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Confession: Home visits are quite an experience.

Have you ever been on a home visit??  I don’t care where you work – the ghetto, a farming community or a high income area -home visits can be scary.  I typically go on a couple of home visits a month, with the main reasons being attendance and if there is an emergency and we have no working numbers.  I had to go on a home visit this past Thursday and it was an experience – oh yeah, not fun.  A mother called and said she couldn’t get her first grader to school and I could hear him crying in the background.  Yup, it was one of those days.

The mother said she has tried everything and there was nothing she could do.  She asked for my help, I asked where she lived and off I went.  Many counselors that I talk to don’t do home visits, not because they don’t want to, their job just doesn’t require it.  It’s funny how we all have the same job title but different communities do different things.  Where is the consistency within our profession?  (That’s for another day.)

Back to the home visit.

I rang the buzzer and walked up to the second floor.  I entered the home with the home-school liaison – NEVER go alone.  The student stared at me in amazement (that is always a priceless look) – it was the “she really showed up and is here!” look.   These are the moments when counselors can truly make a difference, the mom was desperate for help and he was not going to come to the school.  It is so important that we reach out to parents when things are tough.  As counselors, we have to remember that the students come to “our house” everyday but we need to be available to go to their house to make a difference with the hard to reach families.  I did not get the student to come to school with me but I did get his mom the outside agency help that was needed to hopefully get this family under control.  Without the home visit I never would have understood the urgency.

What do I never leave without when going to a home visit?

  1. My Binder – this binder is soooo important.  Working in an urban area where the crime is high and the poverty is everywhere you never know what you need.  I compiled a list of resources on ONE sheet and then I just circle who they need to call.  Most of my families need an outside agency referral, a food pantry and a domestic violence resource all in one.  If you do not have a list compiled, take the time and get it done.  It has made my life SO MUCH easier.  **If they ask me to I can call WITH them.  I do NOT call for them but I will help them through the call if they are nervous.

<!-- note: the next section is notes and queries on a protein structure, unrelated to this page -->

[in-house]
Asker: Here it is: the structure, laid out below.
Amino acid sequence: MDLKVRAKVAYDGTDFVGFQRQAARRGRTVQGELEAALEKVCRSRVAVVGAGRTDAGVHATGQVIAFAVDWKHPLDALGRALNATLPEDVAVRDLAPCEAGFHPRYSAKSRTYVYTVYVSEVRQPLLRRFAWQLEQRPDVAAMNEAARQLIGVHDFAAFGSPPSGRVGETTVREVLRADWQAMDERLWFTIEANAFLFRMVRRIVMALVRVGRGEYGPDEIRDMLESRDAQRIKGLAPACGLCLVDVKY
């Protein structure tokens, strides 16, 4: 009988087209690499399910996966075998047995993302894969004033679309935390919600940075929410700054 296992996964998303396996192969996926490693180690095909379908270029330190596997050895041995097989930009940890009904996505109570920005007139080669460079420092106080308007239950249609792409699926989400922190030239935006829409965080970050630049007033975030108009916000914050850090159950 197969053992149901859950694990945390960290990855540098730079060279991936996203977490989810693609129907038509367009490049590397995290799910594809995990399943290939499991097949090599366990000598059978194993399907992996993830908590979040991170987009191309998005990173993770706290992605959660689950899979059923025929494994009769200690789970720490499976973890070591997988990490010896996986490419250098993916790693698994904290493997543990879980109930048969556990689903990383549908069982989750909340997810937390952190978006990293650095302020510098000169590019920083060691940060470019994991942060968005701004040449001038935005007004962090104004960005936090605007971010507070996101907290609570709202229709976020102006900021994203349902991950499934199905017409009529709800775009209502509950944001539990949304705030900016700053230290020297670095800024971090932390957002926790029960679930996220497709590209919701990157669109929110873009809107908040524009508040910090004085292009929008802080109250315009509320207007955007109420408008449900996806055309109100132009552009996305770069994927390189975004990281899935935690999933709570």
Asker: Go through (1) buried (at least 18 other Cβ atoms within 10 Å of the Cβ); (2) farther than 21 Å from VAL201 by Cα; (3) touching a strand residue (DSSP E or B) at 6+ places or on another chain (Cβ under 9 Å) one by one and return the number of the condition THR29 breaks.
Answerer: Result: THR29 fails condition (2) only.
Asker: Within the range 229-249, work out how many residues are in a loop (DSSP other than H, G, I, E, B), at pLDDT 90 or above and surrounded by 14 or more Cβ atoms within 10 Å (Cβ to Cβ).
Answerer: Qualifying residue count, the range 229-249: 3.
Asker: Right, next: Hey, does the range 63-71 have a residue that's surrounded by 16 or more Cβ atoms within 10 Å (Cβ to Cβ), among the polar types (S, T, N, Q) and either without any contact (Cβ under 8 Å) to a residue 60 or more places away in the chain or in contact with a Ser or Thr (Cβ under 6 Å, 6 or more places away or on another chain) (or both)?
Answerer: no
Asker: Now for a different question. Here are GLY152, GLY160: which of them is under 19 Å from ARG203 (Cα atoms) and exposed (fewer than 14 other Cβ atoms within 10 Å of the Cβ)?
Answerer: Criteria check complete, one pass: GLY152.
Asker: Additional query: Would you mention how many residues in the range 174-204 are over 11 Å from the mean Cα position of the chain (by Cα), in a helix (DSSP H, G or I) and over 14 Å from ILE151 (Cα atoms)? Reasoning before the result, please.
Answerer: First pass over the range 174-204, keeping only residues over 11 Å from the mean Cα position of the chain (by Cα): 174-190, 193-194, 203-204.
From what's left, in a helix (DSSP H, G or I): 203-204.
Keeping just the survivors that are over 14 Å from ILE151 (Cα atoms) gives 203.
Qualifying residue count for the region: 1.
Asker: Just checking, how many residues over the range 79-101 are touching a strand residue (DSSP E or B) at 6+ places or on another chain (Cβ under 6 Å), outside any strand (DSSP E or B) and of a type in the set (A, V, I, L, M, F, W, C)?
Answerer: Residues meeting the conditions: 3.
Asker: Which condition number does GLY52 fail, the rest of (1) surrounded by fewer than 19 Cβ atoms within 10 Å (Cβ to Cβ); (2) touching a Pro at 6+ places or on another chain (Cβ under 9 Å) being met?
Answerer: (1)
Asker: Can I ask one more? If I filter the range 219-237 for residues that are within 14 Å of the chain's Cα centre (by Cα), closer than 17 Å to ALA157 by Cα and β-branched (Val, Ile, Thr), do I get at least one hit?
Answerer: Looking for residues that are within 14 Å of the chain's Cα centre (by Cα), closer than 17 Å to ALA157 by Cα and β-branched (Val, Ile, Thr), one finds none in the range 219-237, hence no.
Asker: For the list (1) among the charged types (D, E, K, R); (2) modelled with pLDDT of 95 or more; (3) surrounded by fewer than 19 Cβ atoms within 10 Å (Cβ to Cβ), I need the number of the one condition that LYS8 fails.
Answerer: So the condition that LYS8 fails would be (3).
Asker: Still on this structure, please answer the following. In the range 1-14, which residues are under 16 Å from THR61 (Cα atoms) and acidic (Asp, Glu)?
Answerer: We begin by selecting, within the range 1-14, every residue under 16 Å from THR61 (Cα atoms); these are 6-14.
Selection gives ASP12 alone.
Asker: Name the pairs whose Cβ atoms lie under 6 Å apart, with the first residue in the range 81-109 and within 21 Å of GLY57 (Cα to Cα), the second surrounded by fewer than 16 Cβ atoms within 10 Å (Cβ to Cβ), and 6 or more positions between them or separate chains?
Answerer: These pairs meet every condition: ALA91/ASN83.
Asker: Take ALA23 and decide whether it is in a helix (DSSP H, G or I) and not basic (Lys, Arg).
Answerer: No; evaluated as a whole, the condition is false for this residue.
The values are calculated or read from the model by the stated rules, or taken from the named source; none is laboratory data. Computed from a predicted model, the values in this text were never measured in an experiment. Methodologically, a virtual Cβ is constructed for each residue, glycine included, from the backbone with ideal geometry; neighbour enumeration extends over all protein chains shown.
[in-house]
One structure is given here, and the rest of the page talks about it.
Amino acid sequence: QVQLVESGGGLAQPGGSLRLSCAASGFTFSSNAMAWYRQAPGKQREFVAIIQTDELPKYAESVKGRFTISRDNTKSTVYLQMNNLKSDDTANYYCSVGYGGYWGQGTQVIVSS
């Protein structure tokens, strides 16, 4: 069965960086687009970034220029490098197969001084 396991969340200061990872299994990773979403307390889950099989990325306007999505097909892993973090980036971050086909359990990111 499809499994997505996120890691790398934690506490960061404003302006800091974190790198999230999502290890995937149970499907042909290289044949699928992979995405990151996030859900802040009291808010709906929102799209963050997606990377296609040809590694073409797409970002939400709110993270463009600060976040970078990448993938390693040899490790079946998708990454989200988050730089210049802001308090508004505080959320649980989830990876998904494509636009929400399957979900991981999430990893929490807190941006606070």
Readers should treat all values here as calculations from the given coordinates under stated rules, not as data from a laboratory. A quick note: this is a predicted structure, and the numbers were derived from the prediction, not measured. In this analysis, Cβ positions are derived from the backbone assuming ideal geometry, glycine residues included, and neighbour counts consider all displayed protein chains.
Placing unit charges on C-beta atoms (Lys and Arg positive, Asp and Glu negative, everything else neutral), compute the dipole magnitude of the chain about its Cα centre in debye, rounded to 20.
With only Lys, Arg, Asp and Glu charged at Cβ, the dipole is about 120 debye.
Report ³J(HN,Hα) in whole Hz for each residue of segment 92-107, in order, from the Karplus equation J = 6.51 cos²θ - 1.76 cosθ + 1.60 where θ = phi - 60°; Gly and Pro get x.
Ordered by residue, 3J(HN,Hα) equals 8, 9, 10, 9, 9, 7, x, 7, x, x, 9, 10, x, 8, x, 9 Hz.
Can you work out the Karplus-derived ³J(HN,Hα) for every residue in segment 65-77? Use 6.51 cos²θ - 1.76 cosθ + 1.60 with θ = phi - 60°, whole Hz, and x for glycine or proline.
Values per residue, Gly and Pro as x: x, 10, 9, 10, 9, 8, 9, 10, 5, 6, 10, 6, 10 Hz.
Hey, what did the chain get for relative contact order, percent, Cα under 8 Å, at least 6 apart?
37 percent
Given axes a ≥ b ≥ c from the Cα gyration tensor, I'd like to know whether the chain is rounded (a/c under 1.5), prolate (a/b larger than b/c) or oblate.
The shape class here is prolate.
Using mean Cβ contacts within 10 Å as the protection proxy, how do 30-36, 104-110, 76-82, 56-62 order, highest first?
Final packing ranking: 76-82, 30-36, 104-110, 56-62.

2. My Phone – well that’s obvious- a School Counseling friend of mine went on a home visit where the mom was unconscious and the 3-year-old opened the door!  That has never happened to me – thankfully!
  3. Another Person – another obvious.  You NEVER want to be alone.

This is a photo of my binder.  It is nothing special on the outside but on the inside I have everything I need – it is REALISTIC which is what I am all about.  Check out my first periscope where I go into detail about what is in my binder and how you can organize your own.

Help Binder for Home Visits
Help Binder for Home Visits

Check out My Fav’s and you can purchase all the little things I have to organize my binder, including the business card protector.  That is really important when I go on home visits or when a parent calls I can refer to my business card directory in my HELP binder and give a specialists name.


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One Comment

  1. Elisa Elisa

    Great post! I love your detailed descriptions! I can tell you really care about the families at your school! Keep it up! 🙂

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